The announcement that the federal Conservatives are looking into the expansion of the Canadian Pension Plan may strike some political observers as a shocking flip-flop, given their strong opposition to the idea in the past.
The government, which voted against an NDP motion to expand the pension plan in 2013, has repeatedly said in recent years any mandatory expansion of the pension plan would kill jobs, hurt the economy and burden families with extra costs.
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Instead, the party has put its resources and political fortunes into voluntary savings options, like a new pooled registered pension plan and tax-free savings accounts. (In the most recent budget, the federal government almost doubled the amount that Canadians can contribute annually to TFSAs.)
Tuesday's announcement was short on specifics. Finance Minister Joe Oliver said only the government will spend the summer consulting experts and stakeholders on "options" for allowing voluntary contributions to the CPP.
But the key message was that any future plan to expand CPP contributions would be "voluntary'" — a position, the Conservatives would say, is entirely consistent with their belief that Canadians should not be forced to save, but rather take it upon themselves to save their own money for retirement.
As Oliver emphasized Tuesday, the government "will not reach into the pockets of middle class Canadians with a mandatory payroll tax hike like the Liberals and NDP would do."
It's the same message Prime Minister Stephen Harper has peddled on a number of occasions.
Nudging those who 'just don't save'
In an interview with Global News in 2013, Harper said there are lots of Canadians who are saving for their retirement through their employers' plans or on their own.
"The more worrisome group is a group of people who have reasonably affluent lifestyles but just don't save," Harper said. "They have the opportunity to do so, so I don't think the challenge is to raise CPP taxes on everybody. It's to try and figure out how to get the people who actually need to save to do the saving they need to do."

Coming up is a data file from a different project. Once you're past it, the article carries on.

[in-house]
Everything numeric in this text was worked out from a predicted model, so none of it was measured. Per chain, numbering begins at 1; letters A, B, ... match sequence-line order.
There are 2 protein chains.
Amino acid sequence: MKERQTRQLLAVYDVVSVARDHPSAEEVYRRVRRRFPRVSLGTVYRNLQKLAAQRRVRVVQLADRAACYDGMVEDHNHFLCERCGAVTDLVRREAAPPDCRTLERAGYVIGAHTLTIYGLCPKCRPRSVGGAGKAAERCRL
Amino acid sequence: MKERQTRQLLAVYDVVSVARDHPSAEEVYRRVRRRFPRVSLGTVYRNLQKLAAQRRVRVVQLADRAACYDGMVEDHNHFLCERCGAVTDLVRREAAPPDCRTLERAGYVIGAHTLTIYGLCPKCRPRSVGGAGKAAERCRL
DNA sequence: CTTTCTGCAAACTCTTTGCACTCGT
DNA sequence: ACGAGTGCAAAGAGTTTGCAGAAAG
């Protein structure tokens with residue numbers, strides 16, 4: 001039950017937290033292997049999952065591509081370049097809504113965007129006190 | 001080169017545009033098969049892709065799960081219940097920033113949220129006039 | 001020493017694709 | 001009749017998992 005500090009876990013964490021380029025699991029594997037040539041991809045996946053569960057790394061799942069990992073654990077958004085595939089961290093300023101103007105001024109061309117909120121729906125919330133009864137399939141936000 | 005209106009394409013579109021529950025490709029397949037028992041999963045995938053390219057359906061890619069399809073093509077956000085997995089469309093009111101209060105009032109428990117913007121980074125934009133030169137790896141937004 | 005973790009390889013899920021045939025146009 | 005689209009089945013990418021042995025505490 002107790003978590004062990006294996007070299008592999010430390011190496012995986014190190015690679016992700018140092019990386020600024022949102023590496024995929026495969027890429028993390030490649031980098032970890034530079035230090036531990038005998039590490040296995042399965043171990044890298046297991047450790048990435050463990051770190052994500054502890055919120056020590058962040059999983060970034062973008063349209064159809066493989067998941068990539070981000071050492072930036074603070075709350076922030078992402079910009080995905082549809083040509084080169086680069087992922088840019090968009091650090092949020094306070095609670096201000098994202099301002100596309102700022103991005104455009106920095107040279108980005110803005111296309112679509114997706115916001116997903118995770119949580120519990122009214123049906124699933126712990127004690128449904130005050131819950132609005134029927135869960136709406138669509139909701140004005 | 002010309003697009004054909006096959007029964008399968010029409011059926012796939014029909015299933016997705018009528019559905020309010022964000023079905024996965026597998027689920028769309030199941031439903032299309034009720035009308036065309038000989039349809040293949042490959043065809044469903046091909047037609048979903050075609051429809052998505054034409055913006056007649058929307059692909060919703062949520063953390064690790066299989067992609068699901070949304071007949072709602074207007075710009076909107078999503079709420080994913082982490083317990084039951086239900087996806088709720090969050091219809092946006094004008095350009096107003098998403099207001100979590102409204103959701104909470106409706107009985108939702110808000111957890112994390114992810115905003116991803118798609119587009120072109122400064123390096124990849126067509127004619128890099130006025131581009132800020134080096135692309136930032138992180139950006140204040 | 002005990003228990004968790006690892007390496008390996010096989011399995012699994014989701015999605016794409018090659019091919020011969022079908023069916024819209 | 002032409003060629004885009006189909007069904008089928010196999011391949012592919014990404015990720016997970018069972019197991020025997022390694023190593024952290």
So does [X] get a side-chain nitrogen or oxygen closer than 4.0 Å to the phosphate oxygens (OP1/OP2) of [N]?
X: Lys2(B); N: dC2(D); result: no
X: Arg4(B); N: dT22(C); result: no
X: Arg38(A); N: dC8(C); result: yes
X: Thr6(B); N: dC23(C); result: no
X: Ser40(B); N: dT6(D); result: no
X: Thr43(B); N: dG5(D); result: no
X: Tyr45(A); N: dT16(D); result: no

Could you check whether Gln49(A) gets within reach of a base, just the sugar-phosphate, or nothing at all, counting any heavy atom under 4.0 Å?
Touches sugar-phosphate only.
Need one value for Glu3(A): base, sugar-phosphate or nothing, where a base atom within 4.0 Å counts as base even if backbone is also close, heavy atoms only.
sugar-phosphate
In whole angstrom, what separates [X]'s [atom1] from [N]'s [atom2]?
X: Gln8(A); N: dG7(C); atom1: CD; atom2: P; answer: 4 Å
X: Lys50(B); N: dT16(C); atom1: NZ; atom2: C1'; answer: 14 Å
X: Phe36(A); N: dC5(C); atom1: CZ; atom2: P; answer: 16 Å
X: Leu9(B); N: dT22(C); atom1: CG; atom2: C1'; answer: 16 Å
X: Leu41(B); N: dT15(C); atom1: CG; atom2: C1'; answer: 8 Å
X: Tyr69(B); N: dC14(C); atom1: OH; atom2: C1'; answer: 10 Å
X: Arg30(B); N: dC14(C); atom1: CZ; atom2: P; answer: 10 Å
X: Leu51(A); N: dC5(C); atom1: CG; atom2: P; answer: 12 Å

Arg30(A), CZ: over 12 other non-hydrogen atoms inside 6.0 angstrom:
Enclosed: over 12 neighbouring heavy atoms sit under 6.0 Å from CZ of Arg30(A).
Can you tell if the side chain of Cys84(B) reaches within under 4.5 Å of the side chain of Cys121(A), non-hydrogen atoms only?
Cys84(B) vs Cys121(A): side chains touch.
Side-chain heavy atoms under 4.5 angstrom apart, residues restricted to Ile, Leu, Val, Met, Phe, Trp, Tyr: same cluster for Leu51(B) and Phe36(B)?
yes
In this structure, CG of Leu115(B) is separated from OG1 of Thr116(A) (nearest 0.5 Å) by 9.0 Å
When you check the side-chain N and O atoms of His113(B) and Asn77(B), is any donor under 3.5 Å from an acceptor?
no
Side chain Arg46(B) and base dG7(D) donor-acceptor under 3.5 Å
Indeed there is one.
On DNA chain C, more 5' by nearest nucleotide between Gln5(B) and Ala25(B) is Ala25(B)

Harper repeated that message in April at a stop in Winnipeg following the release of the budget.
"What we will not suggest is raising taxes on workers that they don't want to pay, and claiming it is 'for their own good' and then hitting small businesses with tax hikes that small business cannot afford to pay.
"Our government does not believe in forcing Canadians into a single, compulsory, one-size-fits-all approach," he said according to a transcript of his speech on the prime minister's website. "Nor reaching into the pockets of hard-working middle class Canadians and reducing their take-home pay."
It's a position that has put him at odds with the NDP and Liberals and some provincial leaders who have proposed some of their own mandatory supplemental pension plans.
Support for increased benefits
Ontario Premier Kathleen Wynne has been frustrated by Ottawa's opposition to her plan, the Ontario Retirement Pension Plan, that would force workers to kick in 1.9 per cent on annual income of up to $90,000 a year, a contribution employers would match.
In an interview with the Toronto Star last year, Wynne said that during a meeting with Harper, the prime minister brushed off her proposal.
"He pretty much said that there were lots of tools, there were lots of ways that people could save and that people were just not saving. The people who should be saving were just not saving." (The PMO would later say that Wynne had misrepresented the meeting.)
Canadians, however, have signalled support for expanding the CPP benefits they receive.
A recent poll conducted by Nanos for the Globe and Mail, found that 52 per cent support increasing CPP benefits. Another 36 per cent said they somewhat support the move. The poll was a hybrid telephone and online random survey, taken April 24 to 27. It is accurate to within 3.1 percentage points, 19 times out of 20.
Seniors, a reliable voting group, have also backed the idea. Susan Eng, vice-president of advocacy for the seniors group CARP, has said that her members, concerned about the financial well-being of their children and grandchildren, strongly support mandatory increases to the CPP.
"It's not an either/or situation," she told the Globe and Mail. "The bottom line is that voluntary has not worked, full stop."
Although the Conservatives will now explore the option of voluntary CPP expansion, they didn't seem particularly keen on the idea back in 2010.
Former Tory MP Ted Menzies, then parliamentary secretary to finance minister Jim Flaherty, said in the House of Commons the federal government and the provinces had "ruled out ideas we collectively determined cannot work." That included a voluntary supplement to the government-run pension plan.
"The verdict was unanimous. This was not a good idea."